1

In my bash script I create a directory each month for backups as follows:

DAY=$(date -d "$D" '+%d')
MONTH=$(date -d "$D" '+%m')
YEAR=$(date -d "$D" '+%Y')

mkdir -p /var/app/backup/$DAY$MONTH$YEAR

For example I get:

 01012000
 01022000
 01032000
 .
 .
 01012014
 01022014
 01032014
 01042014
 .
 .

After years we want to remove the directories that are older than half of a year. For example - the directories from 01012000 until 01062000 should be removed at 1/1/2015.

What is the best approach (from bash script) in order to remove the directories that are older than half a year, regarding that we have the date in the directory's name?

  • 1
    do you mean 01012014 and 01062014 everything before 01062014? Or every beginning half year as far as it goes back? – jmunsch Dec 2 '14 at 4:42
2

You could convert the filename into something that can be compared directly (such as the Unix timestamp (number of seconds since the epoch), or to YYYYMMDD, which would be lexicographically sortable), and then check if it's older than six months.

For example, a script like (say, at /path/to/compare.sh):

#! /bin/bash

LAST=$(date -d '6 months ago' +%s)

for FILE
do
    NAME=$(basename $FILE)
    DATE=$(perl -pe 's/(\d{2})(\d{2})(\d{4})/$3$2$1/' <<<$NAME)
    if (( $(date -d "$DATE" '+%s') < $LAST ))
    then
        rm -r $FILE
    fi
done

And do:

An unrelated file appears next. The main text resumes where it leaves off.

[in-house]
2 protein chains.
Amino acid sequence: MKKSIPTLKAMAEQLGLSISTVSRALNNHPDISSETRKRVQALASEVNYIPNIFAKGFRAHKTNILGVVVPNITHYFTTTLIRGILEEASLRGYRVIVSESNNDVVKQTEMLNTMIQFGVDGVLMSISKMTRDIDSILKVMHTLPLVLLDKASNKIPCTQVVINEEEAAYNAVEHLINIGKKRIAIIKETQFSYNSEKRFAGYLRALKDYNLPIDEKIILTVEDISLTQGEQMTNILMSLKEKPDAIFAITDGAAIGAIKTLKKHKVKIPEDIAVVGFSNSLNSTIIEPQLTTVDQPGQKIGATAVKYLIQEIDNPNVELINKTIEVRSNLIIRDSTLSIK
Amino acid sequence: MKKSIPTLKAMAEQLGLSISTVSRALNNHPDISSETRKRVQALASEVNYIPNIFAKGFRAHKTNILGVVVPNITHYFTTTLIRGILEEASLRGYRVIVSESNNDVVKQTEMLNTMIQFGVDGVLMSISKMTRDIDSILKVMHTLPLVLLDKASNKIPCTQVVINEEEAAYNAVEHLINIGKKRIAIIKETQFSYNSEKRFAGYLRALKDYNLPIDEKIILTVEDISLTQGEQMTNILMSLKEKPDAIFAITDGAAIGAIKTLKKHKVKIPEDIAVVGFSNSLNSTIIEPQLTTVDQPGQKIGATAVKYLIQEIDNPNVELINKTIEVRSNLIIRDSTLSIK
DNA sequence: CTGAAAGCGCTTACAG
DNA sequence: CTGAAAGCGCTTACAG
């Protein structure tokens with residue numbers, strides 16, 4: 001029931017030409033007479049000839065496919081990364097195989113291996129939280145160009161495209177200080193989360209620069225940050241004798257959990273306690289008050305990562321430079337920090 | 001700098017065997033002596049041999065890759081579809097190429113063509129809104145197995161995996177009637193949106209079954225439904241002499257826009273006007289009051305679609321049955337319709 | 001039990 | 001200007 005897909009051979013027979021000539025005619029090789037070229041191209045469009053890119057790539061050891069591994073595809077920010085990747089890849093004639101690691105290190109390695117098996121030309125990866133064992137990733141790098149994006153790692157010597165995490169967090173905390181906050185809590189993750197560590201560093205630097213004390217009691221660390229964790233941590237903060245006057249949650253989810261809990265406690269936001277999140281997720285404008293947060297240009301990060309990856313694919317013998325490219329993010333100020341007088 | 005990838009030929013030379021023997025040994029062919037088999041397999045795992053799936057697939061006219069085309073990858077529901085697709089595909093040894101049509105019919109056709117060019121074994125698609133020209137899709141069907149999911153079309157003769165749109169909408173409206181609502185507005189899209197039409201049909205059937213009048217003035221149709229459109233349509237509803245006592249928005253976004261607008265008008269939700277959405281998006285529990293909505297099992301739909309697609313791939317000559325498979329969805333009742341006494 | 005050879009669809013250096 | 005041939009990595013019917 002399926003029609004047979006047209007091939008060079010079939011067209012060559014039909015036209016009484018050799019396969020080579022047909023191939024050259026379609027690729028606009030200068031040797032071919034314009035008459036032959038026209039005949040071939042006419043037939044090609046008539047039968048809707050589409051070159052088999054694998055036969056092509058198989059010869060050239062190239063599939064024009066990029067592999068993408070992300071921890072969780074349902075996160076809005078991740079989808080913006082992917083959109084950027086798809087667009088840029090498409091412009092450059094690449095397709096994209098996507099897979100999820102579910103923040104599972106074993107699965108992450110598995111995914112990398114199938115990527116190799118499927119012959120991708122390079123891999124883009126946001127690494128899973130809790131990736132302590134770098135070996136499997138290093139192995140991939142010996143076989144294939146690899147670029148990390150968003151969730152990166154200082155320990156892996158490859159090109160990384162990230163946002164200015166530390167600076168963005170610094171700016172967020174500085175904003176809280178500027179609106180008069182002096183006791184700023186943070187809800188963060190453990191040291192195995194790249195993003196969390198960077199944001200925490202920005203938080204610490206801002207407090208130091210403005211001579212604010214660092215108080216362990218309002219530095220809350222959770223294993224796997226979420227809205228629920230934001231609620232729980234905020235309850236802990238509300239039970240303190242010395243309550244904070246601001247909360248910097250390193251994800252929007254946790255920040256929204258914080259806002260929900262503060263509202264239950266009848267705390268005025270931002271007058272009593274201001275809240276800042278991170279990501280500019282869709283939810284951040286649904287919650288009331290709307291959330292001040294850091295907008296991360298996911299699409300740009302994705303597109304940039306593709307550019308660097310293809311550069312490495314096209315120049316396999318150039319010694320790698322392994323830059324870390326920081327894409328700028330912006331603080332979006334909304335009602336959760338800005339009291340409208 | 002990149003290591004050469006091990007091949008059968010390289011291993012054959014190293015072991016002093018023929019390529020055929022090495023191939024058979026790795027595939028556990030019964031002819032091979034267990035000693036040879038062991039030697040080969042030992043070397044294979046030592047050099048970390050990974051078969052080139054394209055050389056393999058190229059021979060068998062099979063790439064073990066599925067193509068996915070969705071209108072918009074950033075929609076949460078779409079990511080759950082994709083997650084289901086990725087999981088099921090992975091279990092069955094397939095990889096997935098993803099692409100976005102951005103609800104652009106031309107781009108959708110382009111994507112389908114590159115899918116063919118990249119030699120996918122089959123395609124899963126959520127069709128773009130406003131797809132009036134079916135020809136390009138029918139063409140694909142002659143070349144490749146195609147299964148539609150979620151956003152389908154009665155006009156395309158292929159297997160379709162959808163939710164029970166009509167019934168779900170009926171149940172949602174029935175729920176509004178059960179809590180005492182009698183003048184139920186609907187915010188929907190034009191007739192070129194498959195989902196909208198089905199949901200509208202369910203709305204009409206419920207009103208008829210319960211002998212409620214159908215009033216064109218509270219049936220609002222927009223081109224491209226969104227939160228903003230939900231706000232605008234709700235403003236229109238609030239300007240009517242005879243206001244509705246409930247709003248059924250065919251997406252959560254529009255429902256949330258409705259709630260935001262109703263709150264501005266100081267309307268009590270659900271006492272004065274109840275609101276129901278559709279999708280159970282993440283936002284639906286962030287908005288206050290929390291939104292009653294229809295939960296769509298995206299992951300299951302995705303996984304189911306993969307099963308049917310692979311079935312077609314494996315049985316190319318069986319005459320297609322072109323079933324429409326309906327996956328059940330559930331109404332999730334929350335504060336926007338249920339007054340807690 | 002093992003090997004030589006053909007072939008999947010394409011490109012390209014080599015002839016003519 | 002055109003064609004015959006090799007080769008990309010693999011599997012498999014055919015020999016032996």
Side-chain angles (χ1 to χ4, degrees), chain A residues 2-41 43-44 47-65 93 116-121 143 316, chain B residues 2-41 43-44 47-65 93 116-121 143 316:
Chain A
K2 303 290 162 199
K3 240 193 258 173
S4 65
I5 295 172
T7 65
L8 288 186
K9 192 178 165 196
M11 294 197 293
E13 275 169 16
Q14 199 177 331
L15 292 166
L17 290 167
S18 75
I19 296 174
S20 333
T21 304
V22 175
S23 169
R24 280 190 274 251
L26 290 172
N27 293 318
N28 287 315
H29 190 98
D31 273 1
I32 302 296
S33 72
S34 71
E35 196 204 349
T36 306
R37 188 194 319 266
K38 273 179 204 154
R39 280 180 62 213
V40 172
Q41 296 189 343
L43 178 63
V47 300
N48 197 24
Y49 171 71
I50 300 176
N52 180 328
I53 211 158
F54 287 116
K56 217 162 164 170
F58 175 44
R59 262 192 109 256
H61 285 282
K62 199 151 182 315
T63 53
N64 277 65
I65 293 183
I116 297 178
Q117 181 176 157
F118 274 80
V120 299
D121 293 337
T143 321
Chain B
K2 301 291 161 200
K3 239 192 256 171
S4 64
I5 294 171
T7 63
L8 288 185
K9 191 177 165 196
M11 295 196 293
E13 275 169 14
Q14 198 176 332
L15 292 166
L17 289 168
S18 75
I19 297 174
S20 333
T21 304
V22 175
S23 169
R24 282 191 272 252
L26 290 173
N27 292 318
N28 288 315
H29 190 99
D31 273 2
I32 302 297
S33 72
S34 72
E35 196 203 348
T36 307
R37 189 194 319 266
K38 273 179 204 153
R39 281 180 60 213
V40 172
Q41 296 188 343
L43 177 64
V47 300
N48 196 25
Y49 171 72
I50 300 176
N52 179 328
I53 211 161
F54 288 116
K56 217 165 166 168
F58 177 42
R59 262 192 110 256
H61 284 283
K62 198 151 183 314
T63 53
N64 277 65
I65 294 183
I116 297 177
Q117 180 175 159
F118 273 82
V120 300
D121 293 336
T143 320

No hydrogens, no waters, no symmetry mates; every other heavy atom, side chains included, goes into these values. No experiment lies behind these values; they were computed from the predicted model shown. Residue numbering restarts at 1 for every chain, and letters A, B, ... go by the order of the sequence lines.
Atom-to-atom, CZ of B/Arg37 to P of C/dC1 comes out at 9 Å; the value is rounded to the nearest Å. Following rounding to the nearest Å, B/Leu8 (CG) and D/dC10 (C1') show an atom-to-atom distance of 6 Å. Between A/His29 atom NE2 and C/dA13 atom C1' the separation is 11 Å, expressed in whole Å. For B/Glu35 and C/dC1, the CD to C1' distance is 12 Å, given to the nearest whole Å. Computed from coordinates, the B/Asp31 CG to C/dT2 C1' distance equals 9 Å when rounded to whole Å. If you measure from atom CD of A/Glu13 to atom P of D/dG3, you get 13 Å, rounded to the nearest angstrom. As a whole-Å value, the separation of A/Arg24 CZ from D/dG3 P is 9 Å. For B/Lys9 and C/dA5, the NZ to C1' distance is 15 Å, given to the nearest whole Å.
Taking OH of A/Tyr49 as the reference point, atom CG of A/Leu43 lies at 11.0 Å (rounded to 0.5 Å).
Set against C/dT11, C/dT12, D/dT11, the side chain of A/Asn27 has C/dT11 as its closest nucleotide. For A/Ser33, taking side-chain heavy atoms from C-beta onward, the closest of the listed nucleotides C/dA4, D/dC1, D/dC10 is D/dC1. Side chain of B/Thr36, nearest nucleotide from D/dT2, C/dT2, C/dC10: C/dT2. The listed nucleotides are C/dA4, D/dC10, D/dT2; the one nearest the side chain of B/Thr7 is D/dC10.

/path/to/compare.sh /var/app/backup/*

Here I am converting to the number of seconds. I had to rearrange DDMMYYY to YYYYMMDD, since my date didn't accept the former as a valid date. The conversion to seconds is redundant because of that, but I am not sure why date is rejecting the former (perhaps a locale issue?).

1

I'm going to focus on just the removal part of your question. If you have the list of filenames like this:

$ cat data.txt
01012000
01022000
01032000
01012014
01022014
01032014
01042014

And you know that the cut off date for 6 months, is say "01022014". You can use sort & sed to determine which files need to be deleted, like so:

This will reverse sort the files:

$ sort -r data.txt 
01042014
01032014
01032000
01022014
01022000
01012014
01012000

This will drop off any of the newer files, leading up to our cut off date, "01022014".

$ sort -r data.txt | sed '1,/01032000/d'
01022014
01022000
01012014
01012000

NOTE: sed '1,/PATTERN/d' deletes (i.e. d) all the lines occurring from the first line (i.e. 1,) until our PATTERN is encountered.

Finally, the list can then be sent to xargs for deletion:

$ sort -r data.txt | sed '1,/01032000/d' | xargs rm
0

You could use ranged brace expansion:

Remove every half year:

echo /path/to/directories/01{01..06}{2000..2014}

OR remove everything except the last half year:

echo /path/to/directories/01{01..12}{2000..2013}
echo /path/to/directories/01{01..06}2014

Replace echo with rm -r and update the path.

  • yes but it should be automatic way ( as part of my bash script ) – maihabunash Dec 2 '14 at 6:22
  • What do you mean by automatic? This will remove each directory as you originally asked it. I am a little confused. – jmunsch Dec 2 '14 at 6:32

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